Do texting and online chatting affect spelling?

Future texting
Nope! Research suggests that whether kids use text messaging or other types of shortened text for writing online doesn't make a blind bit of difference to their spelling.

Good spellers, weak spellers
Some small-scale research at the University of Alberta in Canada found that those who could spell well in academic contexts also spelled well on-line or on their mobiles and those that couldn't didn't.

The difference between girls and boys
They also found that girls used more short forms, like GR8, LOL, etc, whereas boys used more punctuation!!!!!!!! (like that). The article's at:

The most literate generation ever?
Interesting stuff but the study was tiny (only 40 kids). At the other end of the scale, but with similar results, some research from Stanford University was enormous, involving 14,672 bits of student writing (both academic and social). The researchers showed that young people are doing more writing than any previous generation have ever done. And significantly they are writing for a specific purpose - not just to hand in an essay because they have to. "Ah yes but...,"say the grumpy old women/men*, "...they may be writing a lot but they use so much of that dreadful texting language that they forget how to write properly." Not so, according to these researchers: in all the academic papers that they looked at they didn't find any examples at all of texting language. The research is here.

What do you think?
If you are a teacher or a parent, do you think SMS language affects your children's spelling? And do you think some shortened forms like u (for you) will eventually become accepted forms of English spelling?

*I don't know if grumpy old men and grumpy old women are an entirely British phenomenon or not. They are not necessarily particularly old (middle-aged) but they are certainly grumpy ... about everything - especially anything new or anyone young.


  1. I wrote a similar post a while back... language is simply dynamic and to be honest, what would be the fuss really if we started writing you as u - I mean would it really matter?

    I have found it creeping into my world and some of it I like, e.g. fave instead of favorite which is so long and I constantly have to think who's my audience do I need to write it with a u as in favourite?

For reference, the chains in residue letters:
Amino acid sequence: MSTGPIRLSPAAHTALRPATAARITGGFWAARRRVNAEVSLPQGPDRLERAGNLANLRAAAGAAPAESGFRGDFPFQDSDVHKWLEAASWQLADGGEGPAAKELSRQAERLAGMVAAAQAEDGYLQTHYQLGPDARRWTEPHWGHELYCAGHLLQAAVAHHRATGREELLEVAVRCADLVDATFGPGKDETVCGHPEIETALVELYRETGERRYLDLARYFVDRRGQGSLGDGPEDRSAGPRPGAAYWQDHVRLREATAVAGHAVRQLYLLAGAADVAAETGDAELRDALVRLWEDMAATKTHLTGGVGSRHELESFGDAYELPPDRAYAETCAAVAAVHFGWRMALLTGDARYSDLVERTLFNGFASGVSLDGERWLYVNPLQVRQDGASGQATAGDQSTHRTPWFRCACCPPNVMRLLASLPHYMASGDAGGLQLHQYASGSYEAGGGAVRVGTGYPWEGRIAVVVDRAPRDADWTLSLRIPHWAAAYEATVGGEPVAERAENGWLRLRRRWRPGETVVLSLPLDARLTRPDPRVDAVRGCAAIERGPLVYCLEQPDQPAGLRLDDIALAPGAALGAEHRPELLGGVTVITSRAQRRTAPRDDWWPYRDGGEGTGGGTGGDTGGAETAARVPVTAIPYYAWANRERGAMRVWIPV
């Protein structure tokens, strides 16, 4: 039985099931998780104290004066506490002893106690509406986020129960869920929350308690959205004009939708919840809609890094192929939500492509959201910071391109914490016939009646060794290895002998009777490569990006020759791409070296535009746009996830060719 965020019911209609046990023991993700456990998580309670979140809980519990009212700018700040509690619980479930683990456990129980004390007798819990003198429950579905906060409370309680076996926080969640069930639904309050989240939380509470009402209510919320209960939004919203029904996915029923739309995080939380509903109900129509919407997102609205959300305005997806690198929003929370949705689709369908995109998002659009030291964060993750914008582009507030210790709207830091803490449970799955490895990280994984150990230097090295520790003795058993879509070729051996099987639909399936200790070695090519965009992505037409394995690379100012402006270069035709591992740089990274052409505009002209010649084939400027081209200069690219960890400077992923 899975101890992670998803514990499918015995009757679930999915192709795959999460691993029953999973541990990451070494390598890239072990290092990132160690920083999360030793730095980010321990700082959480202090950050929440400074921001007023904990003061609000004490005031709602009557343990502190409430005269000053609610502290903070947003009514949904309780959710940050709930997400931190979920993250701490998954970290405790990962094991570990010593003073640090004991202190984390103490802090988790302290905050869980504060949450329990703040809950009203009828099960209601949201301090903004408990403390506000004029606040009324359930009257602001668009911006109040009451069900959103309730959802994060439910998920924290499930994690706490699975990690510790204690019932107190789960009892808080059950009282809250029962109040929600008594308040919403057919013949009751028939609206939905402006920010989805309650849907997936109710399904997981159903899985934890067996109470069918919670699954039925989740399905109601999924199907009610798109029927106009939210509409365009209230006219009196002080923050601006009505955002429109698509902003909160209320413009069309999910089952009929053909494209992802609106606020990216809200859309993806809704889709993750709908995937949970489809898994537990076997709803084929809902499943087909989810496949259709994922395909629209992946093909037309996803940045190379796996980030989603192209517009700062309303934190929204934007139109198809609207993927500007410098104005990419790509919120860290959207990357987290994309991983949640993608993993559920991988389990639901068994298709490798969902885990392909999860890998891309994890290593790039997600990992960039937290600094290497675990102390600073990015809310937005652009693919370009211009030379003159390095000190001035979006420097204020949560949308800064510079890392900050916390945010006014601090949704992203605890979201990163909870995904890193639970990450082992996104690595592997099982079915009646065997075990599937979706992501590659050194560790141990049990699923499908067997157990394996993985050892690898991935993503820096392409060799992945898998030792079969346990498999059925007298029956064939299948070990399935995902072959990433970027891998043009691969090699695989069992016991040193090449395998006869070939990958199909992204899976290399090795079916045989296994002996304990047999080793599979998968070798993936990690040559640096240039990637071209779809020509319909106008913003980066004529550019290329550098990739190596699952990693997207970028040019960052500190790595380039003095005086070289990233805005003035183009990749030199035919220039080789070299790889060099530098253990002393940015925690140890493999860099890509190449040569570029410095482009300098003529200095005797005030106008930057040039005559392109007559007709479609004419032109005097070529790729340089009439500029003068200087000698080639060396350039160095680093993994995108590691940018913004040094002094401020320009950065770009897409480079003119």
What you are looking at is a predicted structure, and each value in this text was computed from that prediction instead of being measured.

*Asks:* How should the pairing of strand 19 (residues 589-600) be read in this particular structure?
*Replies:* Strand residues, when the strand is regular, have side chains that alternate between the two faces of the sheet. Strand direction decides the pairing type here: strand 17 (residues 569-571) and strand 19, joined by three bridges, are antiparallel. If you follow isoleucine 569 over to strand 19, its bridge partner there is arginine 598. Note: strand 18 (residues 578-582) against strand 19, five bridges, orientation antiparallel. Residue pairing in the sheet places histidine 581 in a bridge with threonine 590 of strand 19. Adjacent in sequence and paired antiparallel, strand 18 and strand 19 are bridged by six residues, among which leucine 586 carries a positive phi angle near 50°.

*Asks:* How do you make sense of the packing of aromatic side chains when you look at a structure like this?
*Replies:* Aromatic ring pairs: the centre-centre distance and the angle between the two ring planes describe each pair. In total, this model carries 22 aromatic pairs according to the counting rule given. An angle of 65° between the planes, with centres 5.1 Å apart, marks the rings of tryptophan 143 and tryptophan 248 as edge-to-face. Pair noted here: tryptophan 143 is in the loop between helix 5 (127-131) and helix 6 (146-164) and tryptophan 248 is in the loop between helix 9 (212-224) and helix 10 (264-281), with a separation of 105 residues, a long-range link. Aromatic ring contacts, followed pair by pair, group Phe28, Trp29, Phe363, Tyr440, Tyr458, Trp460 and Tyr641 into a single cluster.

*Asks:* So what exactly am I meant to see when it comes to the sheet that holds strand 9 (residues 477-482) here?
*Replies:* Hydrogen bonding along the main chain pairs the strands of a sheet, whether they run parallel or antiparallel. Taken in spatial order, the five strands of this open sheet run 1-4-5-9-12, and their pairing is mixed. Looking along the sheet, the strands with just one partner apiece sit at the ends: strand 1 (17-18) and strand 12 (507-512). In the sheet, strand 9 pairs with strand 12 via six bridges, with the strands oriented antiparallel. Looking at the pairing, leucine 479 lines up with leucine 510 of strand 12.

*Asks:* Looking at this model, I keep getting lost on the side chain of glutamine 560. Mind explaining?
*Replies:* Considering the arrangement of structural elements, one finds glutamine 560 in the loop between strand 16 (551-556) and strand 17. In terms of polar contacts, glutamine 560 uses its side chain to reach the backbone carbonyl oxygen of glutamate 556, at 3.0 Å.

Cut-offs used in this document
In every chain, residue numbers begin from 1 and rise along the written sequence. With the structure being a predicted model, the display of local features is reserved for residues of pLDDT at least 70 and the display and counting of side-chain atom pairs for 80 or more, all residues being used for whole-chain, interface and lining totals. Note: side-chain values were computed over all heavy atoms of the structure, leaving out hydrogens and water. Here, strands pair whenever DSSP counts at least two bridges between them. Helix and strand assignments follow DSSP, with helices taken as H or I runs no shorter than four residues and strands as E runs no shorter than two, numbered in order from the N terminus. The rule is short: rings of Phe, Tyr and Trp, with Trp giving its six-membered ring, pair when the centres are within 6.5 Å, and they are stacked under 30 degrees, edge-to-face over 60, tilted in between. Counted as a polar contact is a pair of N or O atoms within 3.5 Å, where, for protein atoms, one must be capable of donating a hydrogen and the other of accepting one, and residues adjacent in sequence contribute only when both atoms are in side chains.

2. Thanks for your comment, Karenne. I agree. Spelling reform is fine if it happens naturally. I write 'thru' in informal writing instead of 'through' and 'tho' for 'although', tho I'm a Brit. But for me, '2' (to) and '4' (for) don't come naturally - only use them in Twitter when I need to shorten something.

    I wish I could live forever to see what will happen to the language!

  3. Johanna,

    Thank you for posting this! I have been looking for research on this topic because I get parents who daily tell me of the horror of SMS and how it is ruining their kids' education. I do catch myself often writing shorthand for e-mails like it is a tweet but really I go back and edit. If anything, the process has taught me to edit carefully.

  4. Shelly, that's an interesting take on it - it actually makes you edit more carefully. Yes, it's almost like a draft for the ideas, then an edit for the language. I think it's so interesting, and overlooked, that there's a generation who are writing so much and for an audience and real communicative purpose too.

  5. Thx for posting these article. Nowadays mobile users are huge in amount.Forthcoming generation will loose their learning due to short text.I hope here is the right place for those buddies.

  6. Have you read The New York Times article "Informal Style of Electronic Messages Is Showing Up in Schoolwork, Study Finds"?

  7. I do think it is important for learners to write words out fully! There is a method to reading! In order to read fluently we tend to look at the rest of the words in the sentence! With sms language it is very difficult to get into that habit!

  8. i believe chatting affects spelling badly especially for the arab leaners, as students are strongly requested to write english properly and with no is obvious that arab leanes have become weaker in wtiting and they always forget or suspect the correct spelling.`not only has chatting affected the english language , but also our native language which is arabic.